morpeth

Morpeth, Northumberland

Morpeth is the county town of Northumberland, England. It is situated on the River Wansbeck which flows east through the town. The town is a mile from the A1, which bypasses it. It is the administrative centre both of Castle Morpeth borough and, since 1981, of the County of Northumberland. In the 2001 census the town had a population of 14,096. Nearby villages include Mitford and Pegswood.

History

Morpeth grew up at an important crossing point of the River Wansbeck. Following the Norman Conquest the town came into the possession of the de Merlay family, and a motte and bailey castle had been constructed by 1095. Newminster Abbey was founded by Ranulf de Merlay, lord of Morpeth as one the first daughter houses of Fountains in 1138. The town became a borough by prescription. King John granted a market charter for the town to Roger de Merlay in 1199. The town was badly damaged by fire in 1215 during the First Barons' War. In the thirteenth century a stone bridge was built over the Wansbeck, replacing the ford previously in use. Morpeth Castle was built in the fourteenth century by Ranulph de Merlay on the site of an earlier fortress: only the gatehouse and parts of the ruined castle walls remain.

For some months in 1515-16 Margaret Tudor (Henry VIII's sister)and Queen Consort of Scotland lay ill at Morpeth, having been brought there from Harbottle Castle. She eventually reached London in May 1516.

Morpeth was described, in 1540, by the royal antiquary John Leland, as "long and metely well-builded, with low houses," and as "a far fairer town than Alnwick."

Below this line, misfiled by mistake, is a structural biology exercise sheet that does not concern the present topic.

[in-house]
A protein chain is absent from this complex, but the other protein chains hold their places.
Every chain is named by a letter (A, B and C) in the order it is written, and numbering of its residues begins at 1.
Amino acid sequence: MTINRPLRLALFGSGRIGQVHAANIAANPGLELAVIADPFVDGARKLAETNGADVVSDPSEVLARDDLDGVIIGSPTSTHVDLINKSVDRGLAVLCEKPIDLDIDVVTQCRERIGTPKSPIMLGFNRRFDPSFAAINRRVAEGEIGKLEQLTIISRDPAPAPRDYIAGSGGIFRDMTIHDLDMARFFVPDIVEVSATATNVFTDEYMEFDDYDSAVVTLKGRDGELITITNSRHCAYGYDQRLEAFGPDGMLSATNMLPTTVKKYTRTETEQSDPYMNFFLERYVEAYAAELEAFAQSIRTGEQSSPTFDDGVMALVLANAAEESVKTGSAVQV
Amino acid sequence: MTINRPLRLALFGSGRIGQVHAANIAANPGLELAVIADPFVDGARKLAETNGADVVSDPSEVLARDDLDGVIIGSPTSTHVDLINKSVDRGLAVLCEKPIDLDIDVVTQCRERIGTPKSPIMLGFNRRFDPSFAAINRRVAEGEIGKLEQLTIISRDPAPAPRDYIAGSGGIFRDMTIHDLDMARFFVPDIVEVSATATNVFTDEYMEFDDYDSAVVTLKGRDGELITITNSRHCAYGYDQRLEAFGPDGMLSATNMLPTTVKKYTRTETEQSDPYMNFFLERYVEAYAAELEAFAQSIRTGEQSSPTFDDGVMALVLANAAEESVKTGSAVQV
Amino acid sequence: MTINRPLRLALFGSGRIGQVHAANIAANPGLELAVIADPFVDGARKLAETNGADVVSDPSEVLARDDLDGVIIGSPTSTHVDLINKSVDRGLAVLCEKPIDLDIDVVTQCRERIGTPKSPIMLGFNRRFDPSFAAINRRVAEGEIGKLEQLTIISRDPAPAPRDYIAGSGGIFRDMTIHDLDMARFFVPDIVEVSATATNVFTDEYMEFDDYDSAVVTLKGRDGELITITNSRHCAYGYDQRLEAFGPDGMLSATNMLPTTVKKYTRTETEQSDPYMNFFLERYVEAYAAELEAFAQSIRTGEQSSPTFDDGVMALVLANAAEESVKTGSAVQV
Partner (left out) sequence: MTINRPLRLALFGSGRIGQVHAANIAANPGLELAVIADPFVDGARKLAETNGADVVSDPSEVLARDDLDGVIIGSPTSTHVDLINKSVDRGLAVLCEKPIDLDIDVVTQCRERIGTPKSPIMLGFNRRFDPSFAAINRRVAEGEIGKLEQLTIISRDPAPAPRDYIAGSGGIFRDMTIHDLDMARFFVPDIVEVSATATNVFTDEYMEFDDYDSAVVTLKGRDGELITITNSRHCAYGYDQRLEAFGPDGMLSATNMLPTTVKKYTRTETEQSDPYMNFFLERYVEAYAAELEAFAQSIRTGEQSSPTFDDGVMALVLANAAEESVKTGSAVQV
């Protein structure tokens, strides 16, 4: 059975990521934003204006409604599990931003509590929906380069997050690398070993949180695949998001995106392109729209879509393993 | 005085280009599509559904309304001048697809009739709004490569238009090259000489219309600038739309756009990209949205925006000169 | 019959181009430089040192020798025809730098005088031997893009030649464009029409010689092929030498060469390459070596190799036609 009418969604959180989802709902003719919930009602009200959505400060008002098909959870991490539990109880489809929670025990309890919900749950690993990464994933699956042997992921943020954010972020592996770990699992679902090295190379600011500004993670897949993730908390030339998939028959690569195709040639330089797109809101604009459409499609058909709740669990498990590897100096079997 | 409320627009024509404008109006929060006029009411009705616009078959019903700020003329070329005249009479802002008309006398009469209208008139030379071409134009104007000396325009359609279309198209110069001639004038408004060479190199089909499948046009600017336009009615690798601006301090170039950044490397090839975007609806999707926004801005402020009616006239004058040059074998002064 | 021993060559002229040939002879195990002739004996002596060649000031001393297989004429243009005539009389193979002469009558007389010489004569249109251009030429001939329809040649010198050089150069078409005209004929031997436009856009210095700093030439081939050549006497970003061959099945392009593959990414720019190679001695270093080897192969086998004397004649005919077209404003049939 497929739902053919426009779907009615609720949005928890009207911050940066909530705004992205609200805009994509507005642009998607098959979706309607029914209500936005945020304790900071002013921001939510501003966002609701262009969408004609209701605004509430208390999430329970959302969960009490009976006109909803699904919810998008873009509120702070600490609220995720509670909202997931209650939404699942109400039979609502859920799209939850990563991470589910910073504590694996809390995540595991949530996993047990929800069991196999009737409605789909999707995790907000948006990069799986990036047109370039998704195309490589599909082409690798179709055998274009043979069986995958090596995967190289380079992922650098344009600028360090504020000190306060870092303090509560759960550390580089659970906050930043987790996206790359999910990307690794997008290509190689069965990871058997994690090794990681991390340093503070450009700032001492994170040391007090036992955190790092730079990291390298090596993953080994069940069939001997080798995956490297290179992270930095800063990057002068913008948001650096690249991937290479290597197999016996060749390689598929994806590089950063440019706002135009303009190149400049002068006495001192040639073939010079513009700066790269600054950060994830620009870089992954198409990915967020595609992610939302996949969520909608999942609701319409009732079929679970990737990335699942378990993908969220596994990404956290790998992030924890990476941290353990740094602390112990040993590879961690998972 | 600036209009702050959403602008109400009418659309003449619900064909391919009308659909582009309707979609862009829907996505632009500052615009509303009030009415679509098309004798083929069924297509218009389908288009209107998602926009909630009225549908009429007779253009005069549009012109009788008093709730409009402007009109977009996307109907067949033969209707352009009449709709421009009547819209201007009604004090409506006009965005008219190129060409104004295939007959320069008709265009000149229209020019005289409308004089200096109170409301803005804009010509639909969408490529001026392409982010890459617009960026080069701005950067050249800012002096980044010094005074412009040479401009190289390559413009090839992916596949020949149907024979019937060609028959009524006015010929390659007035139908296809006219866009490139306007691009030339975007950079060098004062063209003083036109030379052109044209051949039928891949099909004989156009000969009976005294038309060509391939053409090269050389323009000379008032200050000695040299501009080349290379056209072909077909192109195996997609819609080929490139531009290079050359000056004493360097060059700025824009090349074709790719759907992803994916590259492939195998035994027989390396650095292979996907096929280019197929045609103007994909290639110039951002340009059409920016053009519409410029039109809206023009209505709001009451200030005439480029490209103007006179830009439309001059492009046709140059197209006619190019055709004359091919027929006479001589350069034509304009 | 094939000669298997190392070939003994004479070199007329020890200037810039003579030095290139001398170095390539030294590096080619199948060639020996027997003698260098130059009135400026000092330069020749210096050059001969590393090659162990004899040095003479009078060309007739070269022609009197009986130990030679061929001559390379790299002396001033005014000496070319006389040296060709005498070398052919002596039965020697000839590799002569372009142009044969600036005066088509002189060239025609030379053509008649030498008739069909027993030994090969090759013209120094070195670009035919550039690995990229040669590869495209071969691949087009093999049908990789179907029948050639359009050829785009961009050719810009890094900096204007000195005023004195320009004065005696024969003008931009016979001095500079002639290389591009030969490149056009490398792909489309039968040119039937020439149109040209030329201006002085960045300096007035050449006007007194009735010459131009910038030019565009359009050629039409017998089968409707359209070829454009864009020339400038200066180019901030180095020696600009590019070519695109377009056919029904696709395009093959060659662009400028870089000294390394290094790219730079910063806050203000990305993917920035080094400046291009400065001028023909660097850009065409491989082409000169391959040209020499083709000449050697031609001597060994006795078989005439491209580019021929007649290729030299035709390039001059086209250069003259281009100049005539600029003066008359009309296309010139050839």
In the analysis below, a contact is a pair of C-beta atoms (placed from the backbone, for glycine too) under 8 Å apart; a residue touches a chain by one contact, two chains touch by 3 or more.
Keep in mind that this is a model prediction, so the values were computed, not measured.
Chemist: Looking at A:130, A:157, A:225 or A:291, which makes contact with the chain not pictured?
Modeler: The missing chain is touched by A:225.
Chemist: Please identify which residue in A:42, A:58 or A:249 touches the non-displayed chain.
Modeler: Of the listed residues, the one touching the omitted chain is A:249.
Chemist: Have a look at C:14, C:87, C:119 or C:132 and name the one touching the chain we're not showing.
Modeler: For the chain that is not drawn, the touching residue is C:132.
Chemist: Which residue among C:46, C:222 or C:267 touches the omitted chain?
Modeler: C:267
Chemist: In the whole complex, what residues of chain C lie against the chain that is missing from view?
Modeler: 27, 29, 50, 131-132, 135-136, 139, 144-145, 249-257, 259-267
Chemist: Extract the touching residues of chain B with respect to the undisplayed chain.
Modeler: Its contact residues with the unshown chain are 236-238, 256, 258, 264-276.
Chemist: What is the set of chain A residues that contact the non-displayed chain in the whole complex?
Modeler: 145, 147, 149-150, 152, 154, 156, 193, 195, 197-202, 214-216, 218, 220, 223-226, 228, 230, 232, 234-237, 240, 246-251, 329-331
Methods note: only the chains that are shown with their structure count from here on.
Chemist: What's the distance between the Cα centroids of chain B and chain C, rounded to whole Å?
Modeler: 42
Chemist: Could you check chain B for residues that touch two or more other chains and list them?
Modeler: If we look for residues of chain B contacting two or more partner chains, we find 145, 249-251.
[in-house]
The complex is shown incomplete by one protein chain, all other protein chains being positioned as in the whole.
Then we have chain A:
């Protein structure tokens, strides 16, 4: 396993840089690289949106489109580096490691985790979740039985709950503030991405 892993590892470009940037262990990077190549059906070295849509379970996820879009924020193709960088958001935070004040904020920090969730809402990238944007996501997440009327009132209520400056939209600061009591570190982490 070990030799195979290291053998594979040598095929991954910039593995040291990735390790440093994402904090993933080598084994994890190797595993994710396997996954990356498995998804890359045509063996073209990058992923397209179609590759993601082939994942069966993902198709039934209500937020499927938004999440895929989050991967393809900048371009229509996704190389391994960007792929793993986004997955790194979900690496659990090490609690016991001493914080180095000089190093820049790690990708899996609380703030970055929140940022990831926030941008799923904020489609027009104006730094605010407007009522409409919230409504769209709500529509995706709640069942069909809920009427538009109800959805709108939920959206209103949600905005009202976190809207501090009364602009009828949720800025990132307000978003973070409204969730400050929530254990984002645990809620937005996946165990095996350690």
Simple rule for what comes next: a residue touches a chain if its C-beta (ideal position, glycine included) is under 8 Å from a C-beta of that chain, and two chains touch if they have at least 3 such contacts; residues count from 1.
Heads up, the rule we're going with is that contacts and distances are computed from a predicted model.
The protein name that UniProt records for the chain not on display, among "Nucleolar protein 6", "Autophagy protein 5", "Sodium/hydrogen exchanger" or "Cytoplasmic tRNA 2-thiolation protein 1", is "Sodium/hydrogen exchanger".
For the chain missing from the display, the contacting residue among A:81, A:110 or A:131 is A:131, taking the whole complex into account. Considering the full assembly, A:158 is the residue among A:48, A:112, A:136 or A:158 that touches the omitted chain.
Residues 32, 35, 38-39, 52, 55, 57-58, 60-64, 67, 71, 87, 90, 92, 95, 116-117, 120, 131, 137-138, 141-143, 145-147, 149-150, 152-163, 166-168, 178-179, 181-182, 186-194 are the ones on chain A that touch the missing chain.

In 1552, William Hervey, Norroy King of Arms granted the borough of Morpeth a coat of arms. The arms were identical to those of Roger de Merlay, with the addition of a gold tower. In the letters patent, Hervey noted that he had included the arms of the "noble and valyaunt knyght"... "for a p'petuall memory of his good will and benevolence towardes the said towne."

Morpeth received its first charter of incorporation from Charles II. The corporation it created was controlled by seven companies or trade guilds : the Merchant Tailors, the Tanners, the Fullers and Dyers, the Smiths, the Cordwainers, the Weavers and the Butchers. This remained the governing charter until the borough was reformed by the Municipal Corporations Act 1835.

William Cobbett the famous radical journalist, author of Rural Rides stayed with Robert Blakey in 1832, during his speaking tour of the North East. Blakey enjoyed some eight hours of illuminating discussion with the great man.

Until the nineteenth century Morpeth had one of the main markets in northern England for live cattle. The opening of the railways made transport to Newcastle easier, and the market accordingly declined.

Among historical landmarks in the town are a free-standing 17th-century clock tower, a grand town hall originally designed by Sir John Vanbrugh, a 13th-century chapel called The Chantry which is now the tourist information centre and Collingwood House the Georgian home of Admiral Lord Collingwood. Today the town and the county's history and culture is celebrated at the annual Northumbrian Gathering.

On 6 September 2008, Morpeth suffered its worst flood since 1963. The flood defences were breached after a month's rainfall fell in 12 hours. An estimated 1,000 homes were affected.

Governance